Ukrainian college students to get grants and free tuition

Number of displaced citizens from strife-torn state seeking third-level access not yet known

Ukrainian students will not have to pay international fees to access third-level courses in the Republic and will be eligible for State grants, under proposals to be considered by the Coalition shortly.

Minister for Further and Higher Education Simon Harris will bring proposals to Government later this month to ensure incoming Ukrainian students are treated as Irish when accessing college courses.

The likely number of Ukrainians seeking to access third level is not yet known. However, a help desk which has been established for newly arrived students and researchers has dealt with 240 queries so far.

Latest figures indicate that almost 30,000 Ukrainians – mostly women and children – have arrived in the State since the Russian invasion.


Weekly numbers arriving peaked at more than 4,000 in late March/early April and have since fallen back to about 1,600 a week.

The main burden on the education system so far has fallen on primary schools and, to a lesser extent, secondary.

A key education focus for adult Ukrainian nationals has been ensuring new arrivals can access English language supports through the Education and Training Board network.

As for those seeking to access third level or further education, Mr Harris said there will be financial supports including accessing laptops and digital devices, under the existing educational disadvantage fund.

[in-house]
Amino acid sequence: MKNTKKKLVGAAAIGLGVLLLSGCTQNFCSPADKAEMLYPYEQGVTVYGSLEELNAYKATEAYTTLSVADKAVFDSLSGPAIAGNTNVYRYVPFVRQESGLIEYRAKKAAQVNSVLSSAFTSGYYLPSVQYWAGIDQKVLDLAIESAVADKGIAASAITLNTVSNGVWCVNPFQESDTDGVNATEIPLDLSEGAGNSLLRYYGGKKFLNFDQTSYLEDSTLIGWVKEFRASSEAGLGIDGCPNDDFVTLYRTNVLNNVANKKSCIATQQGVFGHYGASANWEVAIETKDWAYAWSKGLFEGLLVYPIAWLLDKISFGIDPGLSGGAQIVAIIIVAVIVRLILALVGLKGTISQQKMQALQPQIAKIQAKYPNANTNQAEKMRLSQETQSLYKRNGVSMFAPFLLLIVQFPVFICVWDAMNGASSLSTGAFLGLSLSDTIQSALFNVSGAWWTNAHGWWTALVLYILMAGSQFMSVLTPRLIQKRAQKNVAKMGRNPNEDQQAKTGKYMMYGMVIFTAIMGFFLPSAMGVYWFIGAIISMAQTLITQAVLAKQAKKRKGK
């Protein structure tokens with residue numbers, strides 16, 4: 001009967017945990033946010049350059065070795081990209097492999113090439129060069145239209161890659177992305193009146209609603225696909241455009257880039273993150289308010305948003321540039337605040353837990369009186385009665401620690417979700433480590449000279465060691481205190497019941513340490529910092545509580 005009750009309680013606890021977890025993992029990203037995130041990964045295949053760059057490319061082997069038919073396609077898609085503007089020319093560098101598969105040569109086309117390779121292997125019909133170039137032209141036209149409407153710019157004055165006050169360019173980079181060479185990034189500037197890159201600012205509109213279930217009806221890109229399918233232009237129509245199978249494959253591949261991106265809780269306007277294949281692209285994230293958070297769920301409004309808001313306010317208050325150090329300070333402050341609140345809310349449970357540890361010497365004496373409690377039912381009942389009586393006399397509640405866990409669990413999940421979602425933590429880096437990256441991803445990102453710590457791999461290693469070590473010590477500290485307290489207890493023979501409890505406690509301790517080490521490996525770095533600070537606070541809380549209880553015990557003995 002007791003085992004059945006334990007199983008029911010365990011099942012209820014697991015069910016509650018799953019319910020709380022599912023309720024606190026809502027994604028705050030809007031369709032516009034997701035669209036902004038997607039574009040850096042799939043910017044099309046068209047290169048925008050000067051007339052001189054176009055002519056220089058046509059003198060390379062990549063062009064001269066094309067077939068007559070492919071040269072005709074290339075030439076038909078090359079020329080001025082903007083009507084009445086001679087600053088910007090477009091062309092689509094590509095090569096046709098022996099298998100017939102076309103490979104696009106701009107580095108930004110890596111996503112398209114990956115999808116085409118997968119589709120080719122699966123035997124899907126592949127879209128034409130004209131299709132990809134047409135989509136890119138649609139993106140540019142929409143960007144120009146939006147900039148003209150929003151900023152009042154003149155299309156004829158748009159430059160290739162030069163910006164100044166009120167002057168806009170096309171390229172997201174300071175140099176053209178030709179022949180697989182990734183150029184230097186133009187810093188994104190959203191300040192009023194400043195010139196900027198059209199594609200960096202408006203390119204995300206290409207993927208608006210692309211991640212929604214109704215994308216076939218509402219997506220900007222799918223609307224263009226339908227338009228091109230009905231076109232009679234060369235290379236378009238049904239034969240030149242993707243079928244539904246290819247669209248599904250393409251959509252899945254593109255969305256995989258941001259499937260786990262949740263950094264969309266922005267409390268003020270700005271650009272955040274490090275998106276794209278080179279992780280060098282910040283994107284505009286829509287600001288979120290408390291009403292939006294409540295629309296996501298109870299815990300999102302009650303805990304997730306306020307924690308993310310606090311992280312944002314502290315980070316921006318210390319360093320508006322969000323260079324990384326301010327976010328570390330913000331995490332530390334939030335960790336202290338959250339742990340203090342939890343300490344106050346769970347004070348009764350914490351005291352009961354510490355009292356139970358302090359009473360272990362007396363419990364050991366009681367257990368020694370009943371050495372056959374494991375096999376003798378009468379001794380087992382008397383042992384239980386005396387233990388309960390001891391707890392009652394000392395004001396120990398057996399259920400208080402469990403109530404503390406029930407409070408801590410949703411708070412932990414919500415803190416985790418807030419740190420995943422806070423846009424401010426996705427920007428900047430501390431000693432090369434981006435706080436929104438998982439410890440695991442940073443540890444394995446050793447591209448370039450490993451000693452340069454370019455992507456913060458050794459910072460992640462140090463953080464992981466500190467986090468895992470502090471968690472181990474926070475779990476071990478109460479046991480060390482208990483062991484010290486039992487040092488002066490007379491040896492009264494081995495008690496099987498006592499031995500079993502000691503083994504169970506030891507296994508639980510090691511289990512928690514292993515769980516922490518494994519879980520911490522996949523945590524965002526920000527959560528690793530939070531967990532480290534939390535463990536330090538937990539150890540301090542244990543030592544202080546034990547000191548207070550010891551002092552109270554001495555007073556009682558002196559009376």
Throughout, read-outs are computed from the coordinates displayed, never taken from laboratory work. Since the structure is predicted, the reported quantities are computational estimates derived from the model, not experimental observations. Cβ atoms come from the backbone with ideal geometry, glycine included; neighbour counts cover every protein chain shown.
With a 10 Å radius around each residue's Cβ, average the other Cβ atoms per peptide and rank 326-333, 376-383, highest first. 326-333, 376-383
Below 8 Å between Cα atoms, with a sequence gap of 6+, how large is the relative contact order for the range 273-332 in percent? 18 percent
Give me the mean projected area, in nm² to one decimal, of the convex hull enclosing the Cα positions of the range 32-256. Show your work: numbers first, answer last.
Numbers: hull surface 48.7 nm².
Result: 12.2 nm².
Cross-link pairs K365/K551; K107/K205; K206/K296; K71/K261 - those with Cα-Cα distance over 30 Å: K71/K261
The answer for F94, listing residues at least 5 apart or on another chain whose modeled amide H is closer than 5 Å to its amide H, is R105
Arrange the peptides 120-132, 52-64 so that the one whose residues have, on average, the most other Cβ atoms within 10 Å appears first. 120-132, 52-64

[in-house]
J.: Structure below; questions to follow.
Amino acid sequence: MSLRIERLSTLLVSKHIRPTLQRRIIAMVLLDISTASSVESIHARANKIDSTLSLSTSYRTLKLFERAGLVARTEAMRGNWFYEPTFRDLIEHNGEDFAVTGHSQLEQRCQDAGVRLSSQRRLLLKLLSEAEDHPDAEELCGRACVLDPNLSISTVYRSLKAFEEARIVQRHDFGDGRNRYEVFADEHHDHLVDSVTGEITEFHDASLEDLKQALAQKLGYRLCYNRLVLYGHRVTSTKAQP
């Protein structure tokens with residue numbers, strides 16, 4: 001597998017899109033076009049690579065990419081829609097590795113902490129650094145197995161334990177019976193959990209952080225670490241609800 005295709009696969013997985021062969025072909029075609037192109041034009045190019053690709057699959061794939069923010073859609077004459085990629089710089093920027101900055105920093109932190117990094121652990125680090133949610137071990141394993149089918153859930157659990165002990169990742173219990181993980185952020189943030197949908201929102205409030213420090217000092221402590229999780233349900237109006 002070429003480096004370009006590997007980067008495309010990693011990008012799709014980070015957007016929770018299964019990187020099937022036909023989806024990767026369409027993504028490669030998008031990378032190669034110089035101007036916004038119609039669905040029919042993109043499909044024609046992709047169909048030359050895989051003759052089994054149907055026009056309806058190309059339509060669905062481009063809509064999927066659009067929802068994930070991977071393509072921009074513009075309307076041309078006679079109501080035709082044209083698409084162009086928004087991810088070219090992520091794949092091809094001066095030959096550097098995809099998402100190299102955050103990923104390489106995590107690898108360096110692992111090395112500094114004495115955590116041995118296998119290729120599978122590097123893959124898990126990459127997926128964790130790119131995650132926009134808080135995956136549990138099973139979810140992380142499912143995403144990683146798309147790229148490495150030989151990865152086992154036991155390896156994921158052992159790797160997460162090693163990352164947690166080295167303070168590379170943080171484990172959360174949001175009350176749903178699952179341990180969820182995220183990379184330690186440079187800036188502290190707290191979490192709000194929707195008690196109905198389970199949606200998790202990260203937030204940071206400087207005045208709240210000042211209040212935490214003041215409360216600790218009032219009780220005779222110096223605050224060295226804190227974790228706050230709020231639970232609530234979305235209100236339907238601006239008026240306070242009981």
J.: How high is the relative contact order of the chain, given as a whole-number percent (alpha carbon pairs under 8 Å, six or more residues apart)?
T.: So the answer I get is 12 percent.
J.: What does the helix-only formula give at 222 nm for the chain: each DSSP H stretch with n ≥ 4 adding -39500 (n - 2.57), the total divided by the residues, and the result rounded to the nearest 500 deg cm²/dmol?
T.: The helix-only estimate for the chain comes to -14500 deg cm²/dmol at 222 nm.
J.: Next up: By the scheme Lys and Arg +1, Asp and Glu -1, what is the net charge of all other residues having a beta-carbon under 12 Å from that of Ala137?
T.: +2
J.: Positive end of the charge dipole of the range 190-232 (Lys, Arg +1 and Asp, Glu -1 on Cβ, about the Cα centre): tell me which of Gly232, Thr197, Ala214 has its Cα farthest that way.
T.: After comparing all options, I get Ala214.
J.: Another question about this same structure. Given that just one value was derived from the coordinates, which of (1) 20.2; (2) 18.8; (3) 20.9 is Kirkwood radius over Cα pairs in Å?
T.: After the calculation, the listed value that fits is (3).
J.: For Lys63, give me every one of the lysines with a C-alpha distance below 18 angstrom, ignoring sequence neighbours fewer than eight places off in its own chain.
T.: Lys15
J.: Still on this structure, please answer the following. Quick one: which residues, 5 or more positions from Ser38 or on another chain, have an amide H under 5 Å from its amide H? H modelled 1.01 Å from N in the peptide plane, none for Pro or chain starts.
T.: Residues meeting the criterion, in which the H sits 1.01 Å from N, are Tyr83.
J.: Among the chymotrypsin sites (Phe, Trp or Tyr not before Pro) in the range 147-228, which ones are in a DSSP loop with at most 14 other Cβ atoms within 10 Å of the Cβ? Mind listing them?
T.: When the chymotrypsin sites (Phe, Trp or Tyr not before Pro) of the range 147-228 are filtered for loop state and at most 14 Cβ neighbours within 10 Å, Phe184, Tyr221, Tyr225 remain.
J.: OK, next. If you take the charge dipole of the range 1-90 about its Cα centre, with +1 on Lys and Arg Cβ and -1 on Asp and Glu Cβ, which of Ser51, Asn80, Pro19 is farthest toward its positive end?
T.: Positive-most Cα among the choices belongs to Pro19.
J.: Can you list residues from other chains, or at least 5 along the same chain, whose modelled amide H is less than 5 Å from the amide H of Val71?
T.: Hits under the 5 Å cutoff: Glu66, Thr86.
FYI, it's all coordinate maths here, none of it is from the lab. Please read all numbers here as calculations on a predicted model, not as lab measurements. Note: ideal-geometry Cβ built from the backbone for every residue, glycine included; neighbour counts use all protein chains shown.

The memo to Government will also seek additional sums for mental health services to ensure adequate help is available to Ukrainian students.

Speaking on Friday, Mr Harris said access to education for Ukrainian people should not be hindered by “Putin’s illegal invasion”.

“Many Ukrainian people are continuing their education with Ukrainian colleges online,” he said.

“It is vital we facilitate that and colleges across the country are already doing that. Providing English language classes and helping people get to work here remains our biggest response.”

He also confirmed that Ukrainian nationals are now completing Safe Pass training to ensure they can work in construction.

Support scheme

There is also work ongoing in Quality and Qualifications Ireland to help recognise the qualifications of Ukrainians so they can work here.

He said his proposals will ensure “Ukrainian people are treated as Irish students when accessing third-level education”.

This means they will not have to pay higher international fees and will be eligible for financial assistance when accessing higher education. This will be the equivalent of the student support scheme, which is available to Irish students.

A national students and researcher help desk, meanwhile, is serving as a single national point of contact for Ukrainian students and researchers who are seeking to continue their higher education studies in Ireland.

The help desk, staffed by admissions and researcher advisers, has several functions including: assessing students’ English standards; assisting them with documentation; and offering individual help to identify potential courses or work options which students or researchers might be interested in.

It will also seek to guide applicants to the Education and Training Boards’ adult education guidance services, where options such as further education or apprenticeship may be more appropriate.

  • The National Student and Researcher help desk can be contacted at: or +353 (0)1 474 7788.
Carl O'Brien

Carl O'Brien

Carl O'Brien is Education Editor of The Irish Times. He was previously chief reporter and social affairs correspondent